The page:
A proposed class action alleges TD Bank, N.A. has misrepresented Zelle as fast, safe and secure in an effort to encourage accountholders to sign up for the online money transfer service.
The 20-page lawsuit contends that using Zelle, in truth, comes with “huge, undisclosed security risks” that TD Bank and other financial institutions have left out of their marketing of the service.
Moreover, the case out of Florida says that TD Bank “omits a key fact” about using Zelle – that there is “virtually no recourse” as far as recouping money lost to fraud.
As a result, accountholders who have signed up for Zelle, which is free to use and integrated into many banks’ websites and mobile apps, have been deprived of the benefit of accurate information about the service and have ended up with “huge, unreimbursed losses due to fraud,” the complaint alleges.
“Indeed, unlike virtually every other payment method commonly used by American consumers—debit cards, credit cards, and checks—there is a [sic] no protection for accountholders who are victims of fraud, and virtually no recourse for accountholders attempting to recoup losses due to fraud,” the suit states.
The complaint alleges that the “unique, misrepresented, and undisclosed architecture” of the Zelle payment system means that virtually any money transferred via Zelle, for any reason, and lost due to fraud is “gone forever, without recourse, reimbursement or protection.” Worse, TD, the case alleges, “misrepresents and omits” that it will not reimburse accountholders for money lost on Zelle due to fraud, even when a consumer timely reports the losses.
“TD was required not to misrepresent the unique and dangerous features of the Zelle service in its marketing about it and in contractual representations,” the filing states. “But it failed to do so.”
The complaint argues that consumers would never have signed up to use Zelle “had they known of the extreme risks of signing up for and using the service.”
“[A] massive fraud problem”
Zelle was created in 2017 by the largest banks in the U.S. to allow consumers to make instant digital money transfers. Since its creation, the case relays, Zelle—which is operated by a company owned by Bank of America, Capital One, JPMorgan Chase, PNC, Truist, U.S. Bank and Wells Fargo—has “by far” become the country’s largest, most widely used money transfer service, with a reported $490 billion in payments sent through Zelle in the last year alone.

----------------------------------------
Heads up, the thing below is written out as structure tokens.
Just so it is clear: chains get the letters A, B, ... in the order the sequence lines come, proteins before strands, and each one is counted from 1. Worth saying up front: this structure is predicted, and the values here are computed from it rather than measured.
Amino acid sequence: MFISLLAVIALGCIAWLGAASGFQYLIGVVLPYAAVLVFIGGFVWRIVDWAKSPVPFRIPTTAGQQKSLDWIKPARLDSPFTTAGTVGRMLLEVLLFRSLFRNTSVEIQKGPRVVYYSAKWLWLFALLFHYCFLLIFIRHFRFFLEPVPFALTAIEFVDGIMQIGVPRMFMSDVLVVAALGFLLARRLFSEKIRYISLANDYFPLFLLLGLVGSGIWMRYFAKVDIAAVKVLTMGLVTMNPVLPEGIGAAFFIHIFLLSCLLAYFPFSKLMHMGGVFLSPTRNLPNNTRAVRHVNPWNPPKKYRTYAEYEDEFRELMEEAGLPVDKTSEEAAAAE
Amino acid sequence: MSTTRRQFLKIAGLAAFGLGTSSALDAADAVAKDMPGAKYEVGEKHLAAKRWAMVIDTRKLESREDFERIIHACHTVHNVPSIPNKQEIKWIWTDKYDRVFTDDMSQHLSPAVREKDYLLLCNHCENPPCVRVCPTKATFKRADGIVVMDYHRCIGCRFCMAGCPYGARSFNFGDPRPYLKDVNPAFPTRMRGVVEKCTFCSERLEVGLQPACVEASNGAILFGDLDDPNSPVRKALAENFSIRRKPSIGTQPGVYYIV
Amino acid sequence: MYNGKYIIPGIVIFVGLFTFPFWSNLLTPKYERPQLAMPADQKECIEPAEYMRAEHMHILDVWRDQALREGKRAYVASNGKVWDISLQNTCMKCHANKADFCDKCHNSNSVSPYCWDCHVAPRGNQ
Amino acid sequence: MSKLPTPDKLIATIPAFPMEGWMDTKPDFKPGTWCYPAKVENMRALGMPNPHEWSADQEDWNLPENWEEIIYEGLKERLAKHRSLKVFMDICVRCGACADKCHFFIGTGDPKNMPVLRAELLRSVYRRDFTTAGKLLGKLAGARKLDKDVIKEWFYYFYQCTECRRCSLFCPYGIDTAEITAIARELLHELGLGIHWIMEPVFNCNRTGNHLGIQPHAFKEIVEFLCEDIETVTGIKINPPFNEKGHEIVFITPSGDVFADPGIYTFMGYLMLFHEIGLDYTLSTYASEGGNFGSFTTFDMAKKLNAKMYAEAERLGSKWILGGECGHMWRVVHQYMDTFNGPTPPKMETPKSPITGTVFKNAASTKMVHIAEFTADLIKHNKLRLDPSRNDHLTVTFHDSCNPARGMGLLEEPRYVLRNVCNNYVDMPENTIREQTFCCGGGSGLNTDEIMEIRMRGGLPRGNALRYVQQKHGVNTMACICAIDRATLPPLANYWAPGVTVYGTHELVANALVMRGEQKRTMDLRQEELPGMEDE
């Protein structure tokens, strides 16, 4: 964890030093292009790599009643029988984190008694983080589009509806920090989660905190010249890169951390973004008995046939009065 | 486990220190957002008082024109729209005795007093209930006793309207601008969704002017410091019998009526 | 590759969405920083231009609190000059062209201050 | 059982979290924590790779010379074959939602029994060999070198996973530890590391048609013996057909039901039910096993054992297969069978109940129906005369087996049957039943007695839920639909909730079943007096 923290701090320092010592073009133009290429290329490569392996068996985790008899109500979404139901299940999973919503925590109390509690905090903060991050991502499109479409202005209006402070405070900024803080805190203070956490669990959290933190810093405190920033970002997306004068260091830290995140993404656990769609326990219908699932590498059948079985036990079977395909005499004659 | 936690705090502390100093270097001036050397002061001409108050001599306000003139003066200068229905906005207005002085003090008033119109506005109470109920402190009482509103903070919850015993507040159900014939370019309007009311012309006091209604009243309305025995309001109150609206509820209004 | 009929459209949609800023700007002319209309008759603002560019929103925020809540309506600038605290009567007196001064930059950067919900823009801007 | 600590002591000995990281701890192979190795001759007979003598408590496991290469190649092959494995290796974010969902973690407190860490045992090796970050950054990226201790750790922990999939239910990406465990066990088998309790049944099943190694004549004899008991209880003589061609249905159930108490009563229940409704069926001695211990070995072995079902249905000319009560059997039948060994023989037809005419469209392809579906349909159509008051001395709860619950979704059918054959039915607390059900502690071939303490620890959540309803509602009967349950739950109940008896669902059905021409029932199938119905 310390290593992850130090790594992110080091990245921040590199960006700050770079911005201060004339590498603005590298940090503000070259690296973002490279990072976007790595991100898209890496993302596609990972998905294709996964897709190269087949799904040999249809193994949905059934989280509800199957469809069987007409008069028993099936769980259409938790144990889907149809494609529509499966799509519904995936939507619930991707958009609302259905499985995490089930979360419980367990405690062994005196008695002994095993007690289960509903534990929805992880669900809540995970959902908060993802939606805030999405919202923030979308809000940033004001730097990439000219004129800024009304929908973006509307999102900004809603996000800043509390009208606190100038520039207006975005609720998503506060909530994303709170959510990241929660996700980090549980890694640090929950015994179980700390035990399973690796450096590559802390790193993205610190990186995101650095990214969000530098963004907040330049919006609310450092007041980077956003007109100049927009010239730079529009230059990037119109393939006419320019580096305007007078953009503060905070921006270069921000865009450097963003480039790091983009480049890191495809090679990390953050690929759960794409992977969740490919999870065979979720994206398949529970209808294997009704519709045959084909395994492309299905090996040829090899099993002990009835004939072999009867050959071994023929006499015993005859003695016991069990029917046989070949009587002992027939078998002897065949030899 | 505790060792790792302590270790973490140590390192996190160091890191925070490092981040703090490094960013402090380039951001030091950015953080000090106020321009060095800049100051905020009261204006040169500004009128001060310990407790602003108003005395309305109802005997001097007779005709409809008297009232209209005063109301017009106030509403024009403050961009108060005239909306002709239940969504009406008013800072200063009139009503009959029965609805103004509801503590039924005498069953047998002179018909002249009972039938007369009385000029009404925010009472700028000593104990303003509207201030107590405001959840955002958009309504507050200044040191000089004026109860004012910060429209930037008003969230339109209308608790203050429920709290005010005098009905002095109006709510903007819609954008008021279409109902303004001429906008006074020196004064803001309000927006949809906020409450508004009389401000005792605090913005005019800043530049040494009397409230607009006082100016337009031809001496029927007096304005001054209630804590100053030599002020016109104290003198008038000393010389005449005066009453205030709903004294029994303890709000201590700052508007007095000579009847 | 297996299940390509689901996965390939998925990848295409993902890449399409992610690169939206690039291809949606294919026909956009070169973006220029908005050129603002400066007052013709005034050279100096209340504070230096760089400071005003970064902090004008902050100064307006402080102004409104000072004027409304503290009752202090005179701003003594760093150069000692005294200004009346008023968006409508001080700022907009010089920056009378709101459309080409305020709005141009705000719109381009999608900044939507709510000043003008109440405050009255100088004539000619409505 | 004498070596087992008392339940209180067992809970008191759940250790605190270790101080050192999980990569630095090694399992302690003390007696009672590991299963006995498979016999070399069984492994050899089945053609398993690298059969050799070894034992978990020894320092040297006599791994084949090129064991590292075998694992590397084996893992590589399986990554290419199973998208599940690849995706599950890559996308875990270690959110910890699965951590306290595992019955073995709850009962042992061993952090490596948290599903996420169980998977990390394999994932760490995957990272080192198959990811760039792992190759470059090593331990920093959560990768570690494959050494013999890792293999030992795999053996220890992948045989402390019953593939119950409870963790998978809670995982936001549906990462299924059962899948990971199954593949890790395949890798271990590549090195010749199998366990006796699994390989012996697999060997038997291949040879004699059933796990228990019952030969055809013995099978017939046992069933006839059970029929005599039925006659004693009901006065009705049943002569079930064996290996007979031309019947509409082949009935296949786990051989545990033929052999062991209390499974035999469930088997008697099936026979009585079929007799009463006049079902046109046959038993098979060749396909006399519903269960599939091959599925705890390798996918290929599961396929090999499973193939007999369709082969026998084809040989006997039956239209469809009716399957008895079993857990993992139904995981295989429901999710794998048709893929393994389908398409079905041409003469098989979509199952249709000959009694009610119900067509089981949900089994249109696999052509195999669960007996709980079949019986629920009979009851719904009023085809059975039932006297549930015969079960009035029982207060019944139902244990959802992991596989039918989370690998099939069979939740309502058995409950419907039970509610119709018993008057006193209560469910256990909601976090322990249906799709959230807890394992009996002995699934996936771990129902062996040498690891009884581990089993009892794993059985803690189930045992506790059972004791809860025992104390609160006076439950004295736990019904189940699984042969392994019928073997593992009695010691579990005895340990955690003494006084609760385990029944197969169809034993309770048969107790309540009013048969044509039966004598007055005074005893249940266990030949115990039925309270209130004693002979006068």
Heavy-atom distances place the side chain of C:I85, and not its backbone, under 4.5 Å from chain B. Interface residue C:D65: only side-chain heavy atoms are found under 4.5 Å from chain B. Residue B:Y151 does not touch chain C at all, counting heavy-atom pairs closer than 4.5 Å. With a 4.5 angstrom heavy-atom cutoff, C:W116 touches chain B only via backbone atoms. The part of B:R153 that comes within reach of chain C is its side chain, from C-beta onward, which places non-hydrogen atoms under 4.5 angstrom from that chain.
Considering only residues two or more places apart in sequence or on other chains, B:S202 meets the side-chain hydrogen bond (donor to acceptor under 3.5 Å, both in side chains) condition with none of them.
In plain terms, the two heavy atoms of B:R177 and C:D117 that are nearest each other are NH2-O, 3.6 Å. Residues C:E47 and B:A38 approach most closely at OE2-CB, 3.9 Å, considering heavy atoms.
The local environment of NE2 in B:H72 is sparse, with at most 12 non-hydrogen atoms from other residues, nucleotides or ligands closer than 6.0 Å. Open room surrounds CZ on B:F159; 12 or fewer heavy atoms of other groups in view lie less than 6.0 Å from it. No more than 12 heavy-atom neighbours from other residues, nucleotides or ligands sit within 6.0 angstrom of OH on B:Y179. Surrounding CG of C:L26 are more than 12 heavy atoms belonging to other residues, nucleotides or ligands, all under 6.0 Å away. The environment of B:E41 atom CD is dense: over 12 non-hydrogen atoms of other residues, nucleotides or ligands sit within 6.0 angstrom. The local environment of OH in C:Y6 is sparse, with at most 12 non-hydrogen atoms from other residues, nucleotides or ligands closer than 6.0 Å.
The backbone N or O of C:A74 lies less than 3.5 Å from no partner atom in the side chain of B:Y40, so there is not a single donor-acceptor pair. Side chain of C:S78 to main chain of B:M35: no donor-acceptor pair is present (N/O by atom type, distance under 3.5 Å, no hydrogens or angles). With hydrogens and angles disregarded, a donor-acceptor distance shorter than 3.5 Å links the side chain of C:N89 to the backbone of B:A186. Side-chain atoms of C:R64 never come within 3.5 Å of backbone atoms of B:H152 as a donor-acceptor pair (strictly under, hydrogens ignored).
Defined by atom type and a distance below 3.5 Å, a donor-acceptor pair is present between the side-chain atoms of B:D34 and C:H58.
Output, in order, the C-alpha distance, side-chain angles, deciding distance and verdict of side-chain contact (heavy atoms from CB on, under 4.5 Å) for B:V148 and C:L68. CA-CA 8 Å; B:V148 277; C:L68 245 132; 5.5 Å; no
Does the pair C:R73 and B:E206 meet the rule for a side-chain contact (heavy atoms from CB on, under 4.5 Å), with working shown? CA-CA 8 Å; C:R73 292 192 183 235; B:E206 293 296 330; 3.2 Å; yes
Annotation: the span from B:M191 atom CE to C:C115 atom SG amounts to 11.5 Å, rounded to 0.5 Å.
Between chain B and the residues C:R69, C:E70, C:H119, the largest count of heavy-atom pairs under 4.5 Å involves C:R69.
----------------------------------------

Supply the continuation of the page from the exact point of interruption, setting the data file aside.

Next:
According to the lawsuit, however, Zelle’s “massive fraud problem” exists in part because of the immediacy with which money transfers are made through the service. If a fraudster takes money from a Zelle user’s bank account, either directly or by “fooling the Zelle user,” that money is lost for good, the complaint says.
The case, citing statistics from Javelin Strategy & Research, states that nearly 18 million American consumers were defrauded through scams involving person-to-person payment apps such as Zelle in 2020 alone.
The filing charges that the 1,500 banks and credit unions within the Zelle network—including TD Bank—know full well that they have “a widespread fraud problem on their hands” yet have failed to warn accountholders of the risks, much less protect those who fall victim to fraud.
For example, a common scam involves a scammer impersonating a bank employee and requesting that the accountholder transfer money to a different bank account for testing purposes. Unsuspecting Zelle users, tricked into making a fraudulent transfer, in many cases send hundreds of thousands of dollars to fraudsters.”
Despite claiming in its marketing materials that Zelle is a “fast, safe and easy way to send and receive money,” TD Bank does not warn users of either the risk of fraud or the fact that they will not be reimbursed should their funds be stolen, the lawsuit says.
The plaintiff, a Broward County, Florida small business owner, claims to have lost $1,700 in a fraudulent Zelle transfer after a fraudster contacted her on Instagram. The scammer, the suit says, purported to be offering help with securing grants for small businesses. The plaintiff submitted an application for a phony grant and was “approved” almost immediately, the case states.
“After $1,000 was fraudulently transferred from Plaintiff’s bank account using Zelle, the fraudster requested an additional $700 to complete the grant application process,” the complaint reads. “At this point, Plaintiff determined she fell victim to fraud, demanded her money be returned, and reported the fraudulent account to Instagram.”
Although the plaintiff timely informed TD Bank of the situation, the bank “refused” to reimburse the business owner for the losses, even though the Zelle transaction at issue was still pending, the lawsuit alleges.
“TD Bank informed Plaintiff that there was nothing it could do to recover Plaintiff’s money,” the suit says. “Instead, TD Bank closed Plaintiff’s account, opened a new one, and opened a claim investigation. Ultimately, TD Bank denied the claim and refused to reimburse the Plaintiff her fraud-induced losses.”
Who’s covered by the lawsuit?
The case looks to represent all individuals with a TD Bank account who signed up for Zelle and incurred unreimbursed losses due to fraud.
How do I add my name to the case?
When a proposed class action is initially filed, there’s generally nothing you need to do to add your name to the case or otherwise be “included.” It’s only if the lawsuit moves forward and settles that the people affected by the allegations—who are called the “class members”—would need to act.
Should a class action settle, consumers covered by the suit would likely receive notice of the deal by mail or email. This notice will contain information on their legal rights, what they need to do to file a claim, what proof they might need to submit, and other specifics of the settlement.